The day the proof copy comes back from the printers is always the big day, and Mistaken Identity was no different. It looked so good. Sheila and I were both excited, and so was everyone else who saw the first copy. And the excitement was even greater when we saw the e-book listed for sale on-line. (See the side panel to get the e-book.)
Sheila is not a literacy student. She is a friend of long standing, someone I have worked with over the years on many projects and feminist actions. And she is no stranger to print—she collaborated with Persimmon Blackbridge on Still Sane, a classic art show and book about a coming out as a lesbian in the grasp of mental health services in the ‘70s.
Sheila has stories to tell. Some of her stories are about being mistaken for a man–something that happens to her frequently, and leads to experiences that are by turns frightening, humiliating, and frustrating. It is a tribute to her spirit, and her generosity of spirit, that she continues to make her way in the world without bitterness.
She began by writing a few of her stories, encouraged by her partner, barbara findlay, who, in Sheila’s words, “taught me (Sheila) that mistakes about my identity were not my mistakes.” Sheila showed a few of the stories to me, and barbara suggested that we might turn them into a book and print copies for a few of Sheila’s friends.
As we worked together to get her stories of mistaken identity into book format, I saw the same process, the same emotions, the same kinds of learning that I recognized from publishing students’ work. Because Sheila’s story is current, and fresh in my mind, I’m going to tell it here in my blog, and connect it to what I know about teaching writing to literacy and basic education students.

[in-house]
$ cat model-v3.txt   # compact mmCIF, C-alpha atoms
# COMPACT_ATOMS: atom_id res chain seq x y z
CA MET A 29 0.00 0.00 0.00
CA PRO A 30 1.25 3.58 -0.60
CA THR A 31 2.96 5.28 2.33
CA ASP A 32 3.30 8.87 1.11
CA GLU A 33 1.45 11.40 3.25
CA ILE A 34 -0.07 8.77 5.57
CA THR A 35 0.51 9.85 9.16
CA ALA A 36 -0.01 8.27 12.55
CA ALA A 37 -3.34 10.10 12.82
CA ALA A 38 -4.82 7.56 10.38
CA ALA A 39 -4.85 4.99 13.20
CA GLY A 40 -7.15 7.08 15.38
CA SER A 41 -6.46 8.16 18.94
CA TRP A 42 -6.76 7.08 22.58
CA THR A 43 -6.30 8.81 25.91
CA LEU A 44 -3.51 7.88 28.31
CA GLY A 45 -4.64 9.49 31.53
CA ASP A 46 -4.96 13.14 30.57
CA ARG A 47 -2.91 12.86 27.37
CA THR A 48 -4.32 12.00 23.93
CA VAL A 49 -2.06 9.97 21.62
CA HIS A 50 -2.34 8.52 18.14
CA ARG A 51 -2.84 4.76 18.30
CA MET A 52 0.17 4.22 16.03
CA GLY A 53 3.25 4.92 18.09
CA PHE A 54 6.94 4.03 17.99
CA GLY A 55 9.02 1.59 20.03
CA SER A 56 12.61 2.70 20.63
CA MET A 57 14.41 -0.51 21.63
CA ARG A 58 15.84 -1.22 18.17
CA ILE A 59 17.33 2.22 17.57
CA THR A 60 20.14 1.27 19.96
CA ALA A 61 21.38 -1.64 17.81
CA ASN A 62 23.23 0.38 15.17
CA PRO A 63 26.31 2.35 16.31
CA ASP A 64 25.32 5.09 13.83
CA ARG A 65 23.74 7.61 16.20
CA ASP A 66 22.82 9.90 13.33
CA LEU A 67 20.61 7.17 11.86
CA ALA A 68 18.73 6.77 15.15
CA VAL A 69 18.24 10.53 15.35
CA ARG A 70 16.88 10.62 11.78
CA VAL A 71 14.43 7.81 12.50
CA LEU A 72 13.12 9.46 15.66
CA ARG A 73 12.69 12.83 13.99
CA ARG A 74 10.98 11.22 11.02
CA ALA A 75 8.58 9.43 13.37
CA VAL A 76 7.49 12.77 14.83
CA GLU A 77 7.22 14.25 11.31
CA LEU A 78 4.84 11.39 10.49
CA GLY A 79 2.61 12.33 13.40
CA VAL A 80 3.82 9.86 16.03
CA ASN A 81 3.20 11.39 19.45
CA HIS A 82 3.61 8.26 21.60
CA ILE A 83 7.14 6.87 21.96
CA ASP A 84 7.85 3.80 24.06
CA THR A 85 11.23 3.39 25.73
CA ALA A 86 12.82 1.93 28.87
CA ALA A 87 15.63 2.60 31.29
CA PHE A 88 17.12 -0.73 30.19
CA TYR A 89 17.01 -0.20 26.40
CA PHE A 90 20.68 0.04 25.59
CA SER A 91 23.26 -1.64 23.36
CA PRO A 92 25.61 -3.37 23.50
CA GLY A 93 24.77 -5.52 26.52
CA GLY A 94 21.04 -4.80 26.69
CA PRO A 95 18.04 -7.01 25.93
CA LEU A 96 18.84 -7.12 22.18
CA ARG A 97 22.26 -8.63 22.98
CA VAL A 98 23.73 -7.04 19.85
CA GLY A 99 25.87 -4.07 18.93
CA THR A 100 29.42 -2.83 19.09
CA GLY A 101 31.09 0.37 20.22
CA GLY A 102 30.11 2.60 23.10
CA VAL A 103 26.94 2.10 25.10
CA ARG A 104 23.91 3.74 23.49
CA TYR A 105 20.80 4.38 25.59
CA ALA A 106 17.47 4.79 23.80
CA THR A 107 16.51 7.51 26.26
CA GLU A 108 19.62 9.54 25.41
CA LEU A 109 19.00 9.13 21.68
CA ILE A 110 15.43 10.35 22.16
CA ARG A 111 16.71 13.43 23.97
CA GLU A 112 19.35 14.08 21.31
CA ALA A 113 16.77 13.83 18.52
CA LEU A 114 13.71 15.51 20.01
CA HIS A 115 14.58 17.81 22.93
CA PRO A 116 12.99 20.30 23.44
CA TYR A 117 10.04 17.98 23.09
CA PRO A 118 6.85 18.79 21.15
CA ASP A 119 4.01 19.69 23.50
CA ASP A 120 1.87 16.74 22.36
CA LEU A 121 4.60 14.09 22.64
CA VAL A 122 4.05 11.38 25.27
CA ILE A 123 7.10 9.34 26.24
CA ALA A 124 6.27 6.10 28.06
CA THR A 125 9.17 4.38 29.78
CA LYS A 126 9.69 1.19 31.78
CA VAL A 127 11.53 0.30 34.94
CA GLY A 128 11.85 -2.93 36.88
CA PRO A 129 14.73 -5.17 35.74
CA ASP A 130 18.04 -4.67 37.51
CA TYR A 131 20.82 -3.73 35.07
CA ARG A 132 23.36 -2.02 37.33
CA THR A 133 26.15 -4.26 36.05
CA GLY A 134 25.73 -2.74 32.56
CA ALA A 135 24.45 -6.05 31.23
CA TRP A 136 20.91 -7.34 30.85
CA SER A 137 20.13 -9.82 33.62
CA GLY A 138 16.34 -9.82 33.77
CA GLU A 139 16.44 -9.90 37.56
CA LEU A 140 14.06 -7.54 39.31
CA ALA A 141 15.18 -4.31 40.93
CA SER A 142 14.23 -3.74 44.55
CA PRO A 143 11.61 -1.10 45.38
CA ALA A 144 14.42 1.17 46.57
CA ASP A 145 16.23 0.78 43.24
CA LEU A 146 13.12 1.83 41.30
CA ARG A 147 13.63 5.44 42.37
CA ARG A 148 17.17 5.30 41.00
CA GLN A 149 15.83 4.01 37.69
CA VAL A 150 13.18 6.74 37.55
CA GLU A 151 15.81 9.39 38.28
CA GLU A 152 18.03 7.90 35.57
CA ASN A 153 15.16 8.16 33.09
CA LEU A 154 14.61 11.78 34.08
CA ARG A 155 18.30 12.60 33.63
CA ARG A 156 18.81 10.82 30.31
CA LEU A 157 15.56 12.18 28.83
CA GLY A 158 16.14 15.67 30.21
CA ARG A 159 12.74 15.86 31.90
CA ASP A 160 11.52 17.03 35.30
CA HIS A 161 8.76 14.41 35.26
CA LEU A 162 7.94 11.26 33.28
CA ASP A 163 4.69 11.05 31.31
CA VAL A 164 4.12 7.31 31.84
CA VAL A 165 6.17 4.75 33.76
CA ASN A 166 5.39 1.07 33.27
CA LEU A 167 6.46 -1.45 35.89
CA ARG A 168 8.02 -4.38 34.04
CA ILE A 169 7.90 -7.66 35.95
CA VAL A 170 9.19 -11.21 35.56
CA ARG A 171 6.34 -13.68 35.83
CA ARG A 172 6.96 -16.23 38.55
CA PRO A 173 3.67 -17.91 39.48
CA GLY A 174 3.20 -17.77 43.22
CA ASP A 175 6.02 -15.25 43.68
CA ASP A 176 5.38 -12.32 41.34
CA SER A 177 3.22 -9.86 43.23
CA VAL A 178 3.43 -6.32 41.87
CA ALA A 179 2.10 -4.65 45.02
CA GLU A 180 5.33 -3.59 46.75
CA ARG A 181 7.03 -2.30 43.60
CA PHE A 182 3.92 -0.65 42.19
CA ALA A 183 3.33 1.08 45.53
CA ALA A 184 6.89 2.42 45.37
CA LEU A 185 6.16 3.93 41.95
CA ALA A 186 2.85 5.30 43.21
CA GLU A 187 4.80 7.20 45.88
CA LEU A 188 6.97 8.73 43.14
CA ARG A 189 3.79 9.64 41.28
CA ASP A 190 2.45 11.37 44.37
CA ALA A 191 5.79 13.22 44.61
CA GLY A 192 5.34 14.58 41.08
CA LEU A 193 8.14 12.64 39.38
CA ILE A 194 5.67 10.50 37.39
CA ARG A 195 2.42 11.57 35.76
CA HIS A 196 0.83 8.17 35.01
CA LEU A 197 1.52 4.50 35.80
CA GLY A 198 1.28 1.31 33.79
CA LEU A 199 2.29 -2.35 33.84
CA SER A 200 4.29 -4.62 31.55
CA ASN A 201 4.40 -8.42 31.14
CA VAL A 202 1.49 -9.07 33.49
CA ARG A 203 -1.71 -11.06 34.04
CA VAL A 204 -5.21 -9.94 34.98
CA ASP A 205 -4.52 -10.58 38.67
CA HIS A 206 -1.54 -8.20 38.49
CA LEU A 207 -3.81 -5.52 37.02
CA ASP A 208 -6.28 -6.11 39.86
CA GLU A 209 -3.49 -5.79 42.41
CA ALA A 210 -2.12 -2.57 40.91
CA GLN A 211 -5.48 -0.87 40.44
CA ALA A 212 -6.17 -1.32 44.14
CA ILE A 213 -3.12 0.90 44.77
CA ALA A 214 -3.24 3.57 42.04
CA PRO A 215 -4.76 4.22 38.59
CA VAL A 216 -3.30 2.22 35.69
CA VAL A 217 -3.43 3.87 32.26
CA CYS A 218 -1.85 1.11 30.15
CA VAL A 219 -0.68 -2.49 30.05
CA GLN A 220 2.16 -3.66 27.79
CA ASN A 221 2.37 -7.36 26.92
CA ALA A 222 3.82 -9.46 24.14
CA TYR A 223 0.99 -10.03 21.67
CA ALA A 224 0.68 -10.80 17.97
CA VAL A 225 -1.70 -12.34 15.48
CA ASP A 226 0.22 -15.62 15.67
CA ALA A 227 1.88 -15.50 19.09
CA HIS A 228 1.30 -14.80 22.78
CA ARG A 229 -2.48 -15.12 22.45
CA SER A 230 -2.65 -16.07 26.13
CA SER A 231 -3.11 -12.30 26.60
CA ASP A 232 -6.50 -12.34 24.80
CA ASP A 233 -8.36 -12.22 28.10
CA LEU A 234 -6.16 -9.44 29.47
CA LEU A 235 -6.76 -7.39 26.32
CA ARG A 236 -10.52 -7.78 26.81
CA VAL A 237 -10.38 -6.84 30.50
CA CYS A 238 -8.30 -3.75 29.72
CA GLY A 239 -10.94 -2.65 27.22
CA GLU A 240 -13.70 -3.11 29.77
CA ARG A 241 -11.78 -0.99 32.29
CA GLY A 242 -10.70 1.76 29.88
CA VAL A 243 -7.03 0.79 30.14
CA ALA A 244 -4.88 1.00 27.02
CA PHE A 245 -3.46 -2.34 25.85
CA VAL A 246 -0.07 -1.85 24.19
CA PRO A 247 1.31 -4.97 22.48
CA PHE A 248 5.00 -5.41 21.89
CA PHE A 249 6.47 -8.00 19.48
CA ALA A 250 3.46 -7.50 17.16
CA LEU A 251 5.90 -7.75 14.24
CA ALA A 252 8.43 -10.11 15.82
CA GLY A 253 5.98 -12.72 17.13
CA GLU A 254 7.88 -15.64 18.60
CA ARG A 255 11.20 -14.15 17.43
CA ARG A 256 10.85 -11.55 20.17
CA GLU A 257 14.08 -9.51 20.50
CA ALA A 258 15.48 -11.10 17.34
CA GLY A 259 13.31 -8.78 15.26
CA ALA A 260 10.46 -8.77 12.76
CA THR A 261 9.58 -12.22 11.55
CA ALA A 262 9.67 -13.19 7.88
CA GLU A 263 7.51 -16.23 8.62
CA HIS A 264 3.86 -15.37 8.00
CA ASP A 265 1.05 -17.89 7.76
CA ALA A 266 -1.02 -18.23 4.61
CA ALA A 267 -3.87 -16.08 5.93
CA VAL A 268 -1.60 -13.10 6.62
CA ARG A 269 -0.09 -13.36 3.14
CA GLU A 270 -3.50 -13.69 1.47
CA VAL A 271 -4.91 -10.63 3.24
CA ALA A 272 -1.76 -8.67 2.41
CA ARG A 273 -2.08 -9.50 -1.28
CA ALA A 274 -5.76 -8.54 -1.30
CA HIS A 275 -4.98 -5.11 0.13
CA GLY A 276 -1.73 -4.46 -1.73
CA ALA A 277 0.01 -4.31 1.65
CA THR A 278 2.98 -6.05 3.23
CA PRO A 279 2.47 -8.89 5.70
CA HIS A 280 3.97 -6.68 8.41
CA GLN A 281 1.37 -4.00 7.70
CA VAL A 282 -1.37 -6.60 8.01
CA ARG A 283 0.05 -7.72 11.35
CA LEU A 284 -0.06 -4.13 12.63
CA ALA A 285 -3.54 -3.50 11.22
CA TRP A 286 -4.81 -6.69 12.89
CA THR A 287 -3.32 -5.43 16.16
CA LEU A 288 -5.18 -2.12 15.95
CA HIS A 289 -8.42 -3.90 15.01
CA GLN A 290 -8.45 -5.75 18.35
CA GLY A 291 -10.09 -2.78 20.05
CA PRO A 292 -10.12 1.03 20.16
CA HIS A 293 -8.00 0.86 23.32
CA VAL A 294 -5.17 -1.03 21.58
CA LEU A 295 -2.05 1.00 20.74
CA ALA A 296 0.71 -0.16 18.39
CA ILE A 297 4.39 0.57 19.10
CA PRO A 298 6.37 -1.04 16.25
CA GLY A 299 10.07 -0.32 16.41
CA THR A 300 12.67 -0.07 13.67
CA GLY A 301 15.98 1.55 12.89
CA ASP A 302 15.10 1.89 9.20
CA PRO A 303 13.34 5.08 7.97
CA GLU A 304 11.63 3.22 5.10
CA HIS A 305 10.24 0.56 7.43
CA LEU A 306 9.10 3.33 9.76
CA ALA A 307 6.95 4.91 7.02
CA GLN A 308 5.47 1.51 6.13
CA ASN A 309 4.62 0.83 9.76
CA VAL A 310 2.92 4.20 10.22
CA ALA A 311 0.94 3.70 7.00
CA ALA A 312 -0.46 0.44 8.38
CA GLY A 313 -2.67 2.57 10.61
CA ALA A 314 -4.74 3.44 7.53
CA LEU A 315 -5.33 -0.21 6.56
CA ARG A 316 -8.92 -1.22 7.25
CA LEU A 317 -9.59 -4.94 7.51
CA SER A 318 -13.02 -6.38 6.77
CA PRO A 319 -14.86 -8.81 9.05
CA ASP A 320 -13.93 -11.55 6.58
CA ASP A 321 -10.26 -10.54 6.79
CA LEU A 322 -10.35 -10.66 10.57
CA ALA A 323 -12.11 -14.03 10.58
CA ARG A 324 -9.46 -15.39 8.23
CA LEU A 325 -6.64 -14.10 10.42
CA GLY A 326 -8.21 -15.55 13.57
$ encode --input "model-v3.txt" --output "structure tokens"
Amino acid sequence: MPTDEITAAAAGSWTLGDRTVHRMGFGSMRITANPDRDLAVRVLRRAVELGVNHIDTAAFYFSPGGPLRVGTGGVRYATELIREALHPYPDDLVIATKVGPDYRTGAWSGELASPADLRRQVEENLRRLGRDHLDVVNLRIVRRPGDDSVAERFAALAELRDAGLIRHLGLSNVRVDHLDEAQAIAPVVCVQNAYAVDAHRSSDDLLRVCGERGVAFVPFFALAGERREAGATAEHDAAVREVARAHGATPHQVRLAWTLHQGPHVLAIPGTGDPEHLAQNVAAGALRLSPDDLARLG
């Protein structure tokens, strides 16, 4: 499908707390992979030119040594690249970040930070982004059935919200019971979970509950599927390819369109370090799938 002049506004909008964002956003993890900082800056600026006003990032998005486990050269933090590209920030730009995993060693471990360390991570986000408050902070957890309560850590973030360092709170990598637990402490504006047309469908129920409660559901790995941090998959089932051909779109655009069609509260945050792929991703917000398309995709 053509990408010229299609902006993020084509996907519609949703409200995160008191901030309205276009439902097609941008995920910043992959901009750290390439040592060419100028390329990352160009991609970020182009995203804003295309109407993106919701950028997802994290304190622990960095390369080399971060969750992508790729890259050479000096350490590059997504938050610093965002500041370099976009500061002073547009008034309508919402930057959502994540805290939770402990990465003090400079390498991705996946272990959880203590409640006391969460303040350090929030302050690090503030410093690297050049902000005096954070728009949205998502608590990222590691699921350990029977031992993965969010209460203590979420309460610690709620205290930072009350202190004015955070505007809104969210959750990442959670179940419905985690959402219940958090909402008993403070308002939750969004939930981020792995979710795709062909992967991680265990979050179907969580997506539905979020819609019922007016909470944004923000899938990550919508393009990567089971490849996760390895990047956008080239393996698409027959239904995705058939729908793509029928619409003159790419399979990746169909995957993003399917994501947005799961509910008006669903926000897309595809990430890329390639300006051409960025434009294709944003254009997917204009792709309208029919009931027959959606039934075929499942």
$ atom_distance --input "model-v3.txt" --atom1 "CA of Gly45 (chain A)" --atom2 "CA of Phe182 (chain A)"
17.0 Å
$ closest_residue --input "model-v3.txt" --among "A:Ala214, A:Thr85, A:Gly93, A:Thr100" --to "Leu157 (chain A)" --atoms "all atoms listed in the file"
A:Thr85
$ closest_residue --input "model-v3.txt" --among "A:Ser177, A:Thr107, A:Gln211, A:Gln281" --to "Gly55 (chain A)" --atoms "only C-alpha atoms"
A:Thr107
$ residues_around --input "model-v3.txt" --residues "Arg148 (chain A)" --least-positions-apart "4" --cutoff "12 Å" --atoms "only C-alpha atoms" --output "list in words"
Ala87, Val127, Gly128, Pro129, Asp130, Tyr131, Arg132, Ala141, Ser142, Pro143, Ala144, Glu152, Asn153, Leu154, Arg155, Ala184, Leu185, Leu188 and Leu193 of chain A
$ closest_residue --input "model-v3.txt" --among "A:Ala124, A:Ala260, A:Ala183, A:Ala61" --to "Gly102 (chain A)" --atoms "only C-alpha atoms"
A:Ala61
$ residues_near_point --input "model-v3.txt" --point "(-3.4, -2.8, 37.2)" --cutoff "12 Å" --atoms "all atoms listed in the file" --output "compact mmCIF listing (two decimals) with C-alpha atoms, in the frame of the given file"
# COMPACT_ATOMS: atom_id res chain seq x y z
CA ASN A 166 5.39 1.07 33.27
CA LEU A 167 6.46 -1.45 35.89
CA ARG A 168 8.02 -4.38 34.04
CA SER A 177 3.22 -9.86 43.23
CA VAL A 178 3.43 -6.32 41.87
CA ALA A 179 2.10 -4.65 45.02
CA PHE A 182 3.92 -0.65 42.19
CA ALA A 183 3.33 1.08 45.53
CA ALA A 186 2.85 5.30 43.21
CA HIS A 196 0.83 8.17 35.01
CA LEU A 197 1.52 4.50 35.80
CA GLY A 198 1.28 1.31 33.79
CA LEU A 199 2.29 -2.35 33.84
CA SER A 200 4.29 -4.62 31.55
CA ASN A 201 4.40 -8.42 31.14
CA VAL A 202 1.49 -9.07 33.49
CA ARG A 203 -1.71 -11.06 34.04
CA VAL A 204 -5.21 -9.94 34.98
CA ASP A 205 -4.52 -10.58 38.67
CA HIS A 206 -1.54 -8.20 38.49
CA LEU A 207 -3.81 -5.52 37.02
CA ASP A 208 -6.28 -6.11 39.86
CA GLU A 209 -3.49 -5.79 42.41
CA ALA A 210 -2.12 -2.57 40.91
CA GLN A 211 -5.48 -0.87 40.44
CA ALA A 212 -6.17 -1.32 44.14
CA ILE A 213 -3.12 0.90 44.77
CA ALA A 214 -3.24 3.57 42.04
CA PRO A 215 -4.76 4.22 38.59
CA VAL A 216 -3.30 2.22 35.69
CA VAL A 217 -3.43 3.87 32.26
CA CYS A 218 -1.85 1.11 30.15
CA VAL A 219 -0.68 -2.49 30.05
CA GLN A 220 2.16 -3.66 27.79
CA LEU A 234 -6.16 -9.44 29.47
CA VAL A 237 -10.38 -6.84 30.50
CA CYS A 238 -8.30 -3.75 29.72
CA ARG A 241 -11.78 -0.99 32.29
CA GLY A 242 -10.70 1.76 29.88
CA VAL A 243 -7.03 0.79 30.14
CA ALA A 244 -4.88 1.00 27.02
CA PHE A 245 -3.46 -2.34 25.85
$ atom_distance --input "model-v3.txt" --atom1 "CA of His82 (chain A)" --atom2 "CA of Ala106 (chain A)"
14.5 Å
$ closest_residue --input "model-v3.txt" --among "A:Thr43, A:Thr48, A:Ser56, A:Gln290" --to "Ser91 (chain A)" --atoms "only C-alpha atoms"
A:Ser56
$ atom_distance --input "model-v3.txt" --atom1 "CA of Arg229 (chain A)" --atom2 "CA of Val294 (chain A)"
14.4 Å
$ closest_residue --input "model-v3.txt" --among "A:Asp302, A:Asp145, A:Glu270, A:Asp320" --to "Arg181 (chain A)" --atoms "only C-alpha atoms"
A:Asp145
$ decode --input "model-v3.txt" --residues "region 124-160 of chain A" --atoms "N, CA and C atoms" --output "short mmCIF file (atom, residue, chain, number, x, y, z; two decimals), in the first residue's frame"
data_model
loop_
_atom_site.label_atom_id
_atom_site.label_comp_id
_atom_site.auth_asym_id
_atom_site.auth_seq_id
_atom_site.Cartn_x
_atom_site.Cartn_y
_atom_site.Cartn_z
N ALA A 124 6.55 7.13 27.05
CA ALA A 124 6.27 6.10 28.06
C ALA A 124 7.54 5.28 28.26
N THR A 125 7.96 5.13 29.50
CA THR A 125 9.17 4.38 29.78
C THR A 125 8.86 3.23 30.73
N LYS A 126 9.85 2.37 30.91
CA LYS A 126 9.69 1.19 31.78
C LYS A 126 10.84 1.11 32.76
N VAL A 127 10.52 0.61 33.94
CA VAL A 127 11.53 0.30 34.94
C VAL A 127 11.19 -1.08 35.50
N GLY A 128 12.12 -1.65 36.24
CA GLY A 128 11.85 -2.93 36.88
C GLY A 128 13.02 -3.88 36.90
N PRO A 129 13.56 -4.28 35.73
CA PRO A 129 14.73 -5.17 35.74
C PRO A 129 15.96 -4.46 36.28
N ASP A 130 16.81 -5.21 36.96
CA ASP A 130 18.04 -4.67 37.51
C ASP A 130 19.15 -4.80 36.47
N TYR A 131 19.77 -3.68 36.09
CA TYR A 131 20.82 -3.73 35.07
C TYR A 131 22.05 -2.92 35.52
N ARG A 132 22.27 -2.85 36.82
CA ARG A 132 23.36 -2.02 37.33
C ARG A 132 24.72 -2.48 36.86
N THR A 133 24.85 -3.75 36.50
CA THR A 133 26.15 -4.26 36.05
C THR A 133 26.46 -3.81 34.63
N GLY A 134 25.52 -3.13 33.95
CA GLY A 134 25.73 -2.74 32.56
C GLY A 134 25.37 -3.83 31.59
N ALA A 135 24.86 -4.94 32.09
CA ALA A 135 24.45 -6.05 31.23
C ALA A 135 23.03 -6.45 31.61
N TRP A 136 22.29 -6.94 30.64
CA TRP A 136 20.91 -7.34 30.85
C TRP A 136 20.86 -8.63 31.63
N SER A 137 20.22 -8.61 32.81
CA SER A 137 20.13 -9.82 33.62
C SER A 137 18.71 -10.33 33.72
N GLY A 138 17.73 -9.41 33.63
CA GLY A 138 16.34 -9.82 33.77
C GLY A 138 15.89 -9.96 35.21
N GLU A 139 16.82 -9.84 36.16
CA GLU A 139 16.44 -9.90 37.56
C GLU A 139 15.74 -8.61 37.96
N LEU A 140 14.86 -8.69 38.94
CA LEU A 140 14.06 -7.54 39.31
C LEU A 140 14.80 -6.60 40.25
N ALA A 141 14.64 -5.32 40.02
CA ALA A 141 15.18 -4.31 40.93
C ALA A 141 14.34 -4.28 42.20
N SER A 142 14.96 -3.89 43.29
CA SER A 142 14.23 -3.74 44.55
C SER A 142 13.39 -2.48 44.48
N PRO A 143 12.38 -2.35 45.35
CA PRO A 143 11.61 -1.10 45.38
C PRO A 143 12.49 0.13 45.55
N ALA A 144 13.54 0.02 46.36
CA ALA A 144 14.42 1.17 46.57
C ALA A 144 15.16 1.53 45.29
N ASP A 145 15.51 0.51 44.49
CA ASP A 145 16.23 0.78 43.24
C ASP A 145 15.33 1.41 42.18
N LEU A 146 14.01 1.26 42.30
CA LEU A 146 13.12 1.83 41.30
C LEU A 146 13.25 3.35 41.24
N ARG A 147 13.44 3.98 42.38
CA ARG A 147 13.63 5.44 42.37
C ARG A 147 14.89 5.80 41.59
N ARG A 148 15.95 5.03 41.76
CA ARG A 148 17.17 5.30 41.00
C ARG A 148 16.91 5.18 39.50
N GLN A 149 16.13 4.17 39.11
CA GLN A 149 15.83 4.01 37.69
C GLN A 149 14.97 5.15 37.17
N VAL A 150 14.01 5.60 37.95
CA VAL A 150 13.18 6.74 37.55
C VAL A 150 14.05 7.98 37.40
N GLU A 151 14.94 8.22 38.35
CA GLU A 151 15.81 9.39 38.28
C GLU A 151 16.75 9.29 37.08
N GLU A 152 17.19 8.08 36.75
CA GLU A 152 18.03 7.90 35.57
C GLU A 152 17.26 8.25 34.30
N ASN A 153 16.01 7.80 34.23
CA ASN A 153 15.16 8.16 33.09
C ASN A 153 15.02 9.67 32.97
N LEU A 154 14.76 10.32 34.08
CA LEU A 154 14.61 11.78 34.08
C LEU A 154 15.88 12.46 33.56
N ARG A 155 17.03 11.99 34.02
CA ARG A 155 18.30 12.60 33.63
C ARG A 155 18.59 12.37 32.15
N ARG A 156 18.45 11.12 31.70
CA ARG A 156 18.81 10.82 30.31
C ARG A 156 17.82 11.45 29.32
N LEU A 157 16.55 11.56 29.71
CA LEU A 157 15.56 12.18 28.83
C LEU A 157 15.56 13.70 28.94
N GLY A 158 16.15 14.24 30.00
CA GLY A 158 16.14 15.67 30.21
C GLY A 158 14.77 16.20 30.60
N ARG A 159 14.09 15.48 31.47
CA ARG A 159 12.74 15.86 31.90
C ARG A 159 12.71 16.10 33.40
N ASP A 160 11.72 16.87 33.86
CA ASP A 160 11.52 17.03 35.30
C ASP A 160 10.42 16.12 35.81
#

An English teacher dreams…
An English teacher might hope and expect, that, when people write, they get better at writing. When they write accounts of their own lives, or create material that has personal meaning, they have a powerful motivation for writing well, and for learning the elements of writing, editing and proofreading.
But asking students to write for an audience, to write for publication in print or online, results in so much more than an improvement in sentence structure and organization (although believe me when I say that would be enough).
Far beyond the dream…
When students write for an audience, they make art out of their lives. We don’t think of ordinary people making art; we don’t think of literacy students writing literature, but they do and they will if you invite them to, make it safe, and provide them with an audience.
Out of that complex process of making art comes so much more than an improvement in literacy skills. To make art out of life, you must reflect on life, step back a bit from your story and acquire some analysis and vocabulary to talk about it; you make connections between the story you’re telling and other parts of your experience, and with the world.
You take the risk of putting your story out, and you get feedback from friends and from strangers. You discover you’re not alone, or that people admire you for your courage in living and telling your story, and your skill in writing it. It is in the making and sharing of the art that the healing comes.
- Solidarity. The first story in Mistaken Identity